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2.3 Low-level development tools

The (hoot repl) module provides a set of REPL commands to assist with inspecting and debugging Wasm modules. As a matter of course, Hoot’s Scheme compiler should not cause low-level Wasm runtime errors, but when it does, or when working with the Wasm toolchain directly, these REPL tools may provide some assistance.

To install the REPL commands, simply import the module:

scheme@(guile-user)> ,use (hoot repl)

To see a list of all the Wasm commands, run:

scheme@(guile-user)> ,help wasm

To demonstrate the debugging features, let’s create a trivial module with a buggy function:

scheme@(guile-user)> (define src
                         (func (export "main") (param $x i32) (result i32)
                               (i32.add (local.get $x)

When called, this function will hit the unreachable instruction and throw a runtime error. Let’s compile the WAT source, load it into the VM, and get a reference to the main function:

scheme@(guile-user)> ,use (wasm resolve) (wasm vm) (wasm wat)
scheme@(guile-user)> (define wasm (validate-wasm (resolve-wasm (wat->wasm src))))
scheme@(guile-user)> (define instance (instantiate-wasm wasm))
scheme@(guile-user)> (define main (wasm-instance-export-ref instance "main"))

To trap the Wasm runtime error and open a Wasm debugging REPL, the wasm-catch REPL command can be prefixed before an expression:

scheme@(guile-user)> ,wasm-catch (main 7)
ice-9/boot-9.scm:1674:22: In procedure raise-exception:
  1. &wasm-runtime-error:
      instruction: (unreachable)
      position: (func 0 1)
      instance: #<wasm-instance 140506559041920>
      stack: #<<wasm-stack> items: (7)>
      blocks: ((wasm-block))
      locals: #(7)
  2. &message: "Wasm runtime error: unreachable"
  3. &irritants: ()

Entering Wasm debug prompt. Type `,help wasm' for info or `,q' to continue.
scheme@(guile-user) [1]>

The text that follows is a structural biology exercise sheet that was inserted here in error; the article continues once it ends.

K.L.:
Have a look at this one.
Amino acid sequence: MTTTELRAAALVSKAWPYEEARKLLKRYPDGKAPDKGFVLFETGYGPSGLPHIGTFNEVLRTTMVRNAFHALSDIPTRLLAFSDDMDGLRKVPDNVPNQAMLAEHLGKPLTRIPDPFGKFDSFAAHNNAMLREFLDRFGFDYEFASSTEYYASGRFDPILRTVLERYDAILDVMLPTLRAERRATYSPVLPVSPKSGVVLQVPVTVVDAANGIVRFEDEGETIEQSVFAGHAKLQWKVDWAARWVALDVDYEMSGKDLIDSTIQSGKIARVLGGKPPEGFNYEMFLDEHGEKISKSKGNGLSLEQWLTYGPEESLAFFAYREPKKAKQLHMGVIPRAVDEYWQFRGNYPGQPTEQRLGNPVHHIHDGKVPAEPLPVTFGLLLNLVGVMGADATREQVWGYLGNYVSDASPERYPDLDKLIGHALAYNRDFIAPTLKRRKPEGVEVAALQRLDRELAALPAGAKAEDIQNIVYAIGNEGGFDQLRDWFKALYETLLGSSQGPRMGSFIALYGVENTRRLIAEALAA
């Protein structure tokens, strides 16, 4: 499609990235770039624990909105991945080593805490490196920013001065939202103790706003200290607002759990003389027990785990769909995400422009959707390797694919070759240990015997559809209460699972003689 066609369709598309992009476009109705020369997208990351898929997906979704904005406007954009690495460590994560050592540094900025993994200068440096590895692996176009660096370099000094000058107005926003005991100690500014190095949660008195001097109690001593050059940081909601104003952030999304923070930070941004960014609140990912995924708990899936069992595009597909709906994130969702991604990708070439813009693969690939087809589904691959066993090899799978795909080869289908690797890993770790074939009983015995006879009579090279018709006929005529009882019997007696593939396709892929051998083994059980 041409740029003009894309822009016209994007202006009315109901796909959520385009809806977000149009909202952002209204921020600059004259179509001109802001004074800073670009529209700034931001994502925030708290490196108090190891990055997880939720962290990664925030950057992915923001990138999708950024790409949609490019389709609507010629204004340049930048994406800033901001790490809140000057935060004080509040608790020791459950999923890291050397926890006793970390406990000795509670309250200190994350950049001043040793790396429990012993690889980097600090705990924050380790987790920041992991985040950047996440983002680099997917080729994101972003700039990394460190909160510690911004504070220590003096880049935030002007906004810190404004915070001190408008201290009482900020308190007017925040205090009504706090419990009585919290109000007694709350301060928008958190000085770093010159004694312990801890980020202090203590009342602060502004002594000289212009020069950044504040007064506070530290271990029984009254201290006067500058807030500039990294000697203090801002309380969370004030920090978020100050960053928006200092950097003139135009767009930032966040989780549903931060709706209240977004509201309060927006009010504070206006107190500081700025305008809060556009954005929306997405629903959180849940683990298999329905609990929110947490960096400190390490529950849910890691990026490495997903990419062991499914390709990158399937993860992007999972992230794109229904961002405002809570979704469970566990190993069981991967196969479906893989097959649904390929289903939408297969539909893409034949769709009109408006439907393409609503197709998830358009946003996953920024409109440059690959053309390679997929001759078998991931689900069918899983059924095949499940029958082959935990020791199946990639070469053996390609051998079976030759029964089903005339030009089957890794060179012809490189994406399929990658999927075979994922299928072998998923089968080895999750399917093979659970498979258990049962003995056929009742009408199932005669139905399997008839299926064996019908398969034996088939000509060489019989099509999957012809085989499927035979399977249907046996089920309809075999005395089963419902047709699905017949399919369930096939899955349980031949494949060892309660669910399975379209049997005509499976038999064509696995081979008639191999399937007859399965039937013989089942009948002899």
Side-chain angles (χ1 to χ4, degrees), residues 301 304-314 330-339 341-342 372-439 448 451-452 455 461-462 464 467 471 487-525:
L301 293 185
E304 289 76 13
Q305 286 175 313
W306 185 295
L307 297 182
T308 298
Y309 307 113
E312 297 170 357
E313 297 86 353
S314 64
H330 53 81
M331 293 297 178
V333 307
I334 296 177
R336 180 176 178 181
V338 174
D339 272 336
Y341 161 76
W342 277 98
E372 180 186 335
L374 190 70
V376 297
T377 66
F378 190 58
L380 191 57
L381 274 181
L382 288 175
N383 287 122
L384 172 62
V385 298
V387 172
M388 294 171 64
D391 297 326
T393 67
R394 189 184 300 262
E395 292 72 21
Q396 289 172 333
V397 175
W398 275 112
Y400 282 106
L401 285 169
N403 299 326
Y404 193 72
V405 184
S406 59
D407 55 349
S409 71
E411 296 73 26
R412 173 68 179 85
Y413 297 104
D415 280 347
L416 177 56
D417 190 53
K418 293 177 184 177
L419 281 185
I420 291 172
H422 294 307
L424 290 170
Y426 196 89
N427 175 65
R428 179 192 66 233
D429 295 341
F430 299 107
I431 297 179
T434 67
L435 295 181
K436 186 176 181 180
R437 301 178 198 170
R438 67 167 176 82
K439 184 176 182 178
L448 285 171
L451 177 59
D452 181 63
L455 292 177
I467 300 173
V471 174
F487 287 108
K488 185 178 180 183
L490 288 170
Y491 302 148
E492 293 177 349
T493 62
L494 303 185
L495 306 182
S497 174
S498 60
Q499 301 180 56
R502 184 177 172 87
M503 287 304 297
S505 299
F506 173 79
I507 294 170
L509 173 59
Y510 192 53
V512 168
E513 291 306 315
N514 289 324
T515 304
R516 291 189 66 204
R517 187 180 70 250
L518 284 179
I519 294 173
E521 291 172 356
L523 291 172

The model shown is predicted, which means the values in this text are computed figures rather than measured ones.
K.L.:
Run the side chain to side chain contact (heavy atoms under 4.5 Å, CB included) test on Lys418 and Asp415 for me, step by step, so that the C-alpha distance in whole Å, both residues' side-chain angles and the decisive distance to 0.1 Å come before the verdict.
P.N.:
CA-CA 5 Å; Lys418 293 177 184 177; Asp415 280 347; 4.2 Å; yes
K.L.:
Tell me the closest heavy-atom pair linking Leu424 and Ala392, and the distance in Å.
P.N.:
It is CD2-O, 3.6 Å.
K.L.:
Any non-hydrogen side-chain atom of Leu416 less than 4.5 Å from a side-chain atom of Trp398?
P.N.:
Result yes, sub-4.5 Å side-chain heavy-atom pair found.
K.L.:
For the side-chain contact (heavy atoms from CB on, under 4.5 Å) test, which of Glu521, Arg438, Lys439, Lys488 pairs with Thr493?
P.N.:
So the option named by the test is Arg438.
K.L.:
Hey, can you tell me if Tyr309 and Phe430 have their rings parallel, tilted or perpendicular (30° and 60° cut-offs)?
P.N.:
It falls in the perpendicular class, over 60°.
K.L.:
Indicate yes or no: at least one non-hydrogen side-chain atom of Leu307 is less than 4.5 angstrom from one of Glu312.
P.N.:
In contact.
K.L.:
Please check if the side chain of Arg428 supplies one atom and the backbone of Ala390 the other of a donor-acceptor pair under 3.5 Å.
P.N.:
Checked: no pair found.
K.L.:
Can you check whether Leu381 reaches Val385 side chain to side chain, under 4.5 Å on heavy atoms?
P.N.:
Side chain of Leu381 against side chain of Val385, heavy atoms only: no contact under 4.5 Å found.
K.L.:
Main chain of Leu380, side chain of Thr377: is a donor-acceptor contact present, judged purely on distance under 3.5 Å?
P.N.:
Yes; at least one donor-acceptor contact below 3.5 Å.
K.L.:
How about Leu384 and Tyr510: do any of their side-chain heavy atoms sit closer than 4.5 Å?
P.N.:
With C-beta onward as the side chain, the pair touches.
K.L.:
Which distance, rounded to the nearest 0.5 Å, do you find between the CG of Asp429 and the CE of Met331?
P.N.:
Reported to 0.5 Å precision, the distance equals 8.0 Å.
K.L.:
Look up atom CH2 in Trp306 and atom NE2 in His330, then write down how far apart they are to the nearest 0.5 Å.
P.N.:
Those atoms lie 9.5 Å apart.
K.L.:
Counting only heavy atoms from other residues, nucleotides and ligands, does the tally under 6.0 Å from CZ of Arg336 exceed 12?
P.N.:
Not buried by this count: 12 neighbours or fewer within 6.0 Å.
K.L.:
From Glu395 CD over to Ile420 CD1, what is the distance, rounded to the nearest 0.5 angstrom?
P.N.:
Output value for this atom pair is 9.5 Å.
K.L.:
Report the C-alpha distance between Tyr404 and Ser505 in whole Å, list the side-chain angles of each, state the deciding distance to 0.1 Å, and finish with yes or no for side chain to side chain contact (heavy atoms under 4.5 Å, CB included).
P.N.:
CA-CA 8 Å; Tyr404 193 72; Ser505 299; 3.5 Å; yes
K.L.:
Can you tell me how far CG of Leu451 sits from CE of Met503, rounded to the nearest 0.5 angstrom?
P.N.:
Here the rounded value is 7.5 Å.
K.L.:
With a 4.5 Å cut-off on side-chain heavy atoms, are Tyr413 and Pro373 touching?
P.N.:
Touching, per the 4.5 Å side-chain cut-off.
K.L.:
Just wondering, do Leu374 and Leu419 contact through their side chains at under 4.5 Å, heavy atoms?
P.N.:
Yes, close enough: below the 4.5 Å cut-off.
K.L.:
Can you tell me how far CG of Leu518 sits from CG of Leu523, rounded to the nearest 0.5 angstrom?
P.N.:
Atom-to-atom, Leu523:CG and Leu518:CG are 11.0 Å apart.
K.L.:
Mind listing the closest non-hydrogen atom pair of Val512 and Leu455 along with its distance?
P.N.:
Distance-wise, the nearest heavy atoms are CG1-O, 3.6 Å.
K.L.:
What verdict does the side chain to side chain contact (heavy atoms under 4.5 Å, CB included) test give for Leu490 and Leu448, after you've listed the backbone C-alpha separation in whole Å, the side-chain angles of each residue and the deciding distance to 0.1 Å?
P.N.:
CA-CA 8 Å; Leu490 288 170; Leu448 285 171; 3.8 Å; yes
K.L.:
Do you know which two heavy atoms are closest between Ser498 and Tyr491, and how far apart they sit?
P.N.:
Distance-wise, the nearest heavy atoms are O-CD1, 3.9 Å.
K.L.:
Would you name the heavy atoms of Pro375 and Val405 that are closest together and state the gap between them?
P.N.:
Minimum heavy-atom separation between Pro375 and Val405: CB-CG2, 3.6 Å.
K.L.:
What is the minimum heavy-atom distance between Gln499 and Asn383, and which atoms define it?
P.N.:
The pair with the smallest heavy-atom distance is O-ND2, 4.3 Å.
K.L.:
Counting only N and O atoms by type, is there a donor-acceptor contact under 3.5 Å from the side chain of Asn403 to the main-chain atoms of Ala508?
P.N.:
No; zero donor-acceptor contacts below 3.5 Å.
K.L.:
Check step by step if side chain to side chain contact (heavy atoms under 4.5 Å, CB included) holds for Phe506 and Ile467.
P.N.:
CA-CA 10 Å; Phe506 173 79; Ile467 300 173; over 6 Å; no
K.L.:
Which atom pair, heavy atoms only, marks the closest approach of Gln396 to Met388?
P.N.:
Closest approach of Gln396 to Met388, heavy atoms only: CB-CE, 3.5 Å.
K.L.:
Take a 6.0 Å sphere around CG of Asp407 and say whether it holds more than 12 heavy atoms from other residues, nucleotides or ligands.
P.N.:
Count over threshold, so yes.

Once in a Wasm debug context, many of the other REPL commands become usable. To highlight the instruction where execution has paused, use wasm-pos:

scheme@(guile-user) [1]> ,wasm-pos
(func 0 (param $x i32) (result i32)
  (local.get 0)
  <<< (unreachable) >>>

To print the contents of the values stack, use wasm-stack:

scheme@(guile-user) [1]> ,wasm-stack
Value stack:
  0:	7

To print the contents of the function locals, use wasm-locals:

scheme@(guile-user) [1]> ,wasm-locals
  0:	7

To evaluate arbitary Wasm instructions in the current context, either in an attempt to repair interpreter state or just for fun, use wasm-eval:

scheme@(guile-user) [1]> ,wasm-eval '(local.get 0)
scheme@(guile-user) [1]> ,wasm-stack
Value stack:
  0:	7
  1:	7

There are now two i32 values on the stack. If we were to proceed with execution, the next instruction, i32.add, should add them together and return a result of 14. To resume execution, use wasm-continue:

scheme@(guile-user) [1]> ,wasm-continue
$5 = 14

Evaluating arbitrary Wasm commands in a debugging context is very helpful when trying to understand the nature of a bug, but bear in mind that cursed things may happen during the process as there is no validation applied. This goes especially for when you try to resume execution.

See Interpreter for detailed information on running Wasm within Guile and Toolchain reference in general for working with Wasm directly.

REPL Command: wasm-trace exp

Evaluate exp with verbose Wasm tracing enabled. This will print out every instruction along with the state of the value stack and function locals at the time of evaluation.

REPL Command: wasm-freq exp

Evaluate exp and print out a table showing how many times each kind of Wasm instruction was executed as well as a total instruction count.

REPL Command: wasm-catch exp

Catch and debug Wasm runtime errors that are raised by evaluating exp.

The following commands are usable only in the context of a Wasm debug REPL:

REPL Command: wasm-stack

Print the state of the Wasm stack.

REPL Command: wasm-locals

Print the state of the Wasm function locals.

REPL Command: wasm-pos

Print the current function disassembly and highlight the instruction where Wasm execution has paused.

REPL Command: wasm-eval instr

Evaluate the Wasm instruction instr in the current debug context. Use this when attempting to fix the state of the Wasm stack or locals before attempting to resume with ,wasm-continue.

The following commands behave differently depending on if they are run within a Wasm debug REPL or not.

REPL Command: wasm-dump [wasm]

Display information about wasm, or the current Wasm instance when debugging.

REPL Command: wasm-continue

When in a debugger, exit and resume Wasm execution. In the event that this is run after trapping a runtime error, your warranty is void and all bets are off! While it may be dangerous, this does allow one to manually fix the Wasm interpreter state manually with ,wasm-eval and attempt to proceed, which can come in handy sometimes.

When not in a debugger, set the Wasm execution mode to continue without interruption. In other words, deactive the instruction stepper if it is active.

REPL Command: wasm-step

When in a debugger, resume Wasm execution but pause before the next instruction is evaluated.

When not in a debugger, set Wasm execution to pause before each instruction is evaluated.

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